They didn’t know what to d with me then as I was not suited for any of the other positions at the resort like housekeeping or dealing with the public. The most suitable spot for me, the library, was taken. So for a few days I blissfully languished, refusing to attend any activities and reading about Tibetan Buddhism in solitude (Tassajara is Soto Zen). I also worked on my rakasu in preparation for my lay ordination, which I successfully completed and took my jukai, or lay ordination vows, later after returning to San Francisco.
I am now qualified to help teach in certain Zen situations. Such as my friend Anlor Davin’s Autsit meditation group, meditation especially ASD individuals which meets in Marin County, California.
Tassajara finally assigned me to my own crew clearing the grounds of brush an assisting to train the fire crew they had formed since the fire danger there is so extreme.
Except for 5 years as a firefighter/EMT where they just didn’t care as long as I could physically and mentally perform the tasks – which I could. Something about wearing all that heavy gear and being completely subsumed with emergencies really suited me. There was no time for the actions of autism – fiddling with my hands or squishy toy, twisting my hair, flapping those hands, rocking, etc. I also performed well at firefighting academy and EMT school. The academic aspects of both were not especially challenging for me, geek that I am. As heard around the Academy, “Firefighters are not the brightest bulbs,” which is a bit of a slight but meant humorously. What it also meant is I didn’t have to struggle with intellectual issues while also navigating the social and physical, something I have difficulty with. It also taught me teamwork which also was mostly highly regimented and defined. Chain of command and all that…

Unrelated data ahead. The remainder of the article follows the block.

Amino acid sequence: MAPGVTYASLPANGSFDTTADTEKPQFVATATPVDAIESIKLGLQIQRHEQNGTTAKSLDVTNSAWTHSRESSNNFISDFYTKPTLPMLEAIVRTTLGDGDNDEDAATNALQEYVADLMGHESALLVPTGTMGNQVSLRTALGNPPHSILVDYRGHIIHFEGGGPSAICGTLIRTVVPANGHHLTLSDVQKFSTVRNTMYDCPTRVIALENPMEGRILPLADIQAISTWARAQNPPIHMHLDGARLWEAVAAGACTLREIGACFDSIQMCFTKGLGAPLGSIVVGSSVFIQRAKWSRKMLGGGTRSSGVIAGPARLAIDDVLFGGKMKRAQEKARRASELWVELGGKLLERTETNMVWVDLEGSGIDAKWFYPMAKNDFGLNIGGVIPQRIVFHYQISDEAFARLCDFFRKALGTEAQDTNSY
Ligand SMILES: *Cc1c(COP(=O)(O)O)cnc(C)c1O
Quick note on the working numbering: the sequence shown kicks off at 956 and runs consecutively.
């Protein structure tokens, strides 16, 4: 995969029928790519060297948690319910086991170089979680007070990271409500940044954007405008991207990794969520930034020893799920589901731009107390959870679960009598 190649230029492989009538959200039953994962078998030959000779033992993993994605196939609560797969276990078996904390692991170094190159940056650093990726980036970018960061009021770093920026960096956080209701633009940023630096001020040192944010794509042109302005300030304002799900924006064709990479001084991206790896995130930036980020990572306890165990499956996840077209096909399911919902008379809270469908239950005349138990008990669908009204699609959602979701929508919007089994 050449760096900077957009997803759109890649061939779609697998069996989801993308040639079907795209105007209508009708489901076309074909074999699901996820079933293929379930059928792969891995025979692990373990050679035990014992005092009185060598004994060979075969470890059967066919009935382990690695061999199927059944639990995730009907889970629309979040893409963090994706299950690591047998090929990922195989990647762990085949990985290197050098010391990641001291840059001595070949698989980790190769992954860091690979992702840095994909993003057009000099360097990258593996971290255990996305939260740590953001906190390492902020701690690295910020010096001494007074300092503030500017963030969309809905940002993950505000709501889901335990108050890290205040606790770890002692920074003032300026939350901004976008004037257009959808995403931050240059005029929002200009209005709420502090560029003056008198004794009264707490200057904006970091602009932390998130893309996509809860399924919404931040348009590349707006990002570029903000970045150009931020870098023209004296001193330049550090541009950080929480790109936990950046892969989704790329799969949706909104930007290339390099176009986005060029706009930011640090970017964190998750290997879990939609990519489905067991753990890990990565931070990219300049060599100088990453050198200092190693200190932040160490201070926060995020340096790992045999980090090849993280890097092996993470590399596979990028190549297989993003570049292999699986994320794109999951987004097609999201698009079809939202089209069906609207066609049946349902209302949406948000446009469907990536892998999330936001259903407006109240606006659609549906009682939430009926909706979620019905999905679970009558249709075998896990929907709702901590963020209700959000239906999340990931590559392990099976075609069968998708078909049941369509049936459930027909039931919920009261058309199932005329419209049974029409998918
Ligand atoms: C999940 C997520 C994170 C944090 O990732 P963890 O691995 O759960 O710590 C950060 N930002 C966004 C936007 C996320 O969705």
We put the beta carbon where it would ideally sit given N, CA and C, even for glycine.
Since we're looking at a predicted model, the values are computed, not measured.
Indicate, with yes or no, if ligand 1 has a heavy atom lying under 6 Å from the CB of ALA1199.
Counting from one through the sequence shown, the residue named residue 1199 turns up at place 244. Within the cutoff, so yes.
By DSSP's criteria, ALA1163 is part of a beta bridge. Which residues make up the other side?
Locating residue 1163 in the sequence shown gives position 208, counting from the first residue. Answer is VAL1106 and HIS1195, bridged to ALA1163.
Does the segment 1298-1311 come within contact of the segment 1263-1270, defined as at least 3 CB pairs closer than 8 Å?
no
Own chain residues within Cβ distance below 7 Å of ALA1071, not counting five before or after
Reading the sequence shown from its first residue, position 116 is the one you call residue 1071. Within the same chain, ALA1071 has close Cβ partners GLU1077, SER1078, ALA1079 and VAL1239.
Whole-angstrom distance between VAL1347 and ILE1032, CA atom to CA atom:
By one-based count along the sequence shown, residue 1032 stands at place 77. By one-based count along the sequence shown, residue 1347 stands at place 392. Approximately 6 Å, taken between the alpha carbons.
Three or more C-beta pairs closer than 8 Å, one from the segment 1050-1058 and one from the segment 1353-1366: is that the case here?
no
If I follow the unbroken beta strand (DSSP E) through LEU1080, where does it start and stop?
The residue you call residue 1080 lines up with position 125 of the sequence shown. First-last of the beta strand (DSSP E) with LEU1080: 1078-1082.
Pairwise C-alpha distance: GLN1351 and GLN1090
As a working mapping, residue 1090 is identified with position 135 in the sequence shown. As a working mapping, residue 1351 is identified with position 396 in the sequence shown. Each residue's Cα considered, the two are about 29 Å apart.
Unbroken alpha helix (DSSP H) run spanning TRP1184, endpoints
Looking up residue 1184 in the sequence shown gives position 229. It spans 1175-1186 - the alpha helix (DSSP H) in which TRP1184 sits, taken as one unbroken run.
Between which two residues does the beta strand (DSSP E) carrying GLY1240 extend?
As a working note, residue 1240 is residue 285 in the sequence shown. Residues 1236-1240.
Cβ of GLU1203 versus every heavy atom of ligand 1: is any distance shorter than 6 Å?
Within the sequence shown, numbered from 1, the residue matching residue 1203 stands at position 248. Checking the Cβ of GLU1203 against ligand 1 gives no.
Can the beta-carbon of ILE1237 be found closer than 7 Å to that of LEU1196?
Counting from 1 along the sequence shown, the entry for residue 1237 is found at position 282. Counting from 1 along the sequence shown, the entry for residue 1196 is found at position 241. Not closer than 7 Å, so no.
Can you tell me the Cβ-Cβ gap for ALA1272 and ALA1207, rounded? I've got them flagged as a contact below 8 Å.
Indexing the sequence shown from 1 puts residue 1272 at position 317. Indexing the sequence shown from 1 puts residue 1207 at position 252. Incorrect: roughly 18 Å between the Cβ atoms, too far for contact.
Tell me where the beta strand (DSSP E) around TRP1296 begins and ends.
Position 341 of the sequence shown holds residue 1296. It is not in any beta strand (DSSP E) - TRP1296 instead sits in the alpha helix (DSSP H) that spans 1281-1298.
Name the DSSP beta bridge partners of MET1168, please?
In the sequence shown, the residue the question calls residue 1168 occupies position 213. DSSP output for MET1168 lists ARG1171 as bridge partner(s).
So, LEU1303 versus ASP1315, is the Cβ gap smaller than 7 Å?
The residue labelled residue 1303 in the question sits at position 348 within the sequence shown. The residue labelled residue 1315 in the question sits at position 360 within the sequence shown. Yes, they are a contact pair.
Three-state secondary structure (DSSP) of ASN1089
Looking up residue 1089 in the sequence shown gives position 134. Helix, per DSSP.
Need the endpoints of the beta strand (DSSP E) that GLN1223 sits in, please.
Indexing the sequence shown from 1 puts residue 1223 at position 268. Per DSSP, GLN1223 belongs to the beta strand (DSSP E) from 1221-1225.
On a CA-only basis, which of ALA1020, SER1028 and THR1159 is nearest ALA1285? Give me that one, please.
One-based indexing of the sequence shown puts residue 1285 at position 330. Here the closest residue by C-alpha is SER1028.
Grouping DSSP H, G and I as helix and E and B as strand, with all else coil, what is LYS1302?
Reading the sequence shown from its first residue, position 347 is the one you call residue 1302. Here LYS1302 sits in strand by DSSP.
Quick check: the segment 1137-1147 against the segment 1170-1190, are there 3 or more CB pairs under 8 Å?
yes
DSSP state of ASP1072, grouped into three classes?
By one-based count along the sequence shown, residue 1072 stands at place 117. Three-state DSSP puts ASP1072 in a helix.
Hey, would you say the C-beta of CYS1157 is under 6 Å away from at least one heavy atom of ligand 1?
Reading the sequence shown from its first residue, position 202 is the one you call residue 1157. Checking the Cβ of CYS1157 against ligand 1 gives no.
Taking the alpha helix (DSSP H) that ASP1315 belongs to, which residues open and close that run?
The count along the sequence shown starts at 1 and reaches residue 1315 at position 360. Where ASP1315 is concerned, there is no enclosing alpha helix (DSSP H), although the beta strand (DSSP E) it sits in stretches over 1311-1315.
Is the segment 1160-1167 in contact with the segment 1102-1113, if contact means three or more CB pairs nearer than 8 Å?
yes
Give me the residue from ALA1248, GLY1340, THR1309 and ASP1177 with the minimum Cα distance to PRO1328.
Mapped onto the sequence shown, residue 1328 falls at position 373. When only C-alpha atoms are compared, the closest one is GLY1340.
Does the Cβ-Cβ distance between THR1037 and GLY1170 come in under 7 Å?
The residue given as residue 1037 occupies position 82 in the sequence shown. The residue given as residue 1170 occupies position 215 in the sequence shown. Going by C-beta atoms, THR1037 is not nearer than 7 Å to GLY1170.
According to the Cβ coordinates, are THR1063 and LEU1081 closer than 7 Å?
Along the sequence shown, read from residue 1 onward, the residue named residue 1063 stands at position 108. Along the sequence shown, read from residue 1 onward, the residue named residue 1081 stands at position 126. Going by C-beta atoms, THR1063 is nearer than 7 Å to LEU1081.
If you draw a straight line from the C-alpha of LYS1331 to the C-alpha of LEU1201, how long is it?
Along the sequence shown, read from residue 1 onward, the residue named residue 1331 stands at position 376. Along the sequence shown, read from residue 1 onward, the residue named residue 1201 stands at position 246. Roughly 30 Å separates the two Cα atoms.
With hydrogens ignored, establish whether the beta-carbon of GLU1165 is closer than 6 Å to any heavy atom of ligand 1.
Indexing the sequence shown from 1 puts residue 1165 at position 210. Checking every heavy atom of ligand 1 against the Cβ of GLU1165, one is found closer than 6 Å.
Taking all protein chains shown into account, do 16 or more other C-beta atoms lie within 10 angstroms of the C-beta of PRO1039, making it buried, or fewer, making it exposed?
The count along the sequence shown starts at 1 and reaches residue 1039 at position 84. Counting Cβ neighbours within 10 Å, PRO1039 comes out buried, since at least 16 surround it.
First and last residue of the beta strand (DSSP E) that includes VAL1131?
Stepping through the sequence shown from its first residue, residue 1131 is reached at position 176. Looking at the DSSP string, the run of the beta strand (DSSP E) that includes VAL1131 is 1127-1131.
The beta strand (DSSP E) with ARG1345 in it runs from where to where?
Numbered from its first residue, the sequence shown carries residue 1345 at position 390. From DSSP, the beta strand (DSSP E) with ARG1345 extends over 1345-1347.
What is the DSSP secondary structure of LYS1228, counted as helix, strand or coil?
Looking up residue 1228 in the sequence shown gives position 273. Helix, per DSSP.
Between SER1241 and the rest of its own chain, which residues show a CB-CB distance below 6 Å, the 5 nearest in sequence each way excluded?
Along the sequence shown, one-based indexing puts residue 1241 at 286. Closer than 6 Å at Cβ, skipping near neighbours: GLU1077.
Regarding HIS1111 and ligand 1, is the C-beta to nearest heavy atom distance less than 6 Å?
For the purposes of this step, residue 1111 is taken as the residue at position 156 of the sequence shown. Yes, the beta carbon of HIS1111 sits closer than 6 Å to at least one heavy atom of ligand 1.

And this from a person who had been told my entire life I couldn’t get along with others. Firefighting was instrumental in building my self esteem and confidence.
Heavy physical activity and the arts – writing, drawing and digital arts were and are my lifelines.
Rejection occurs soon after starting a job and for this reason I usually don’t reveal the autism issue – however, I am usually forced to as my behavior gives it away.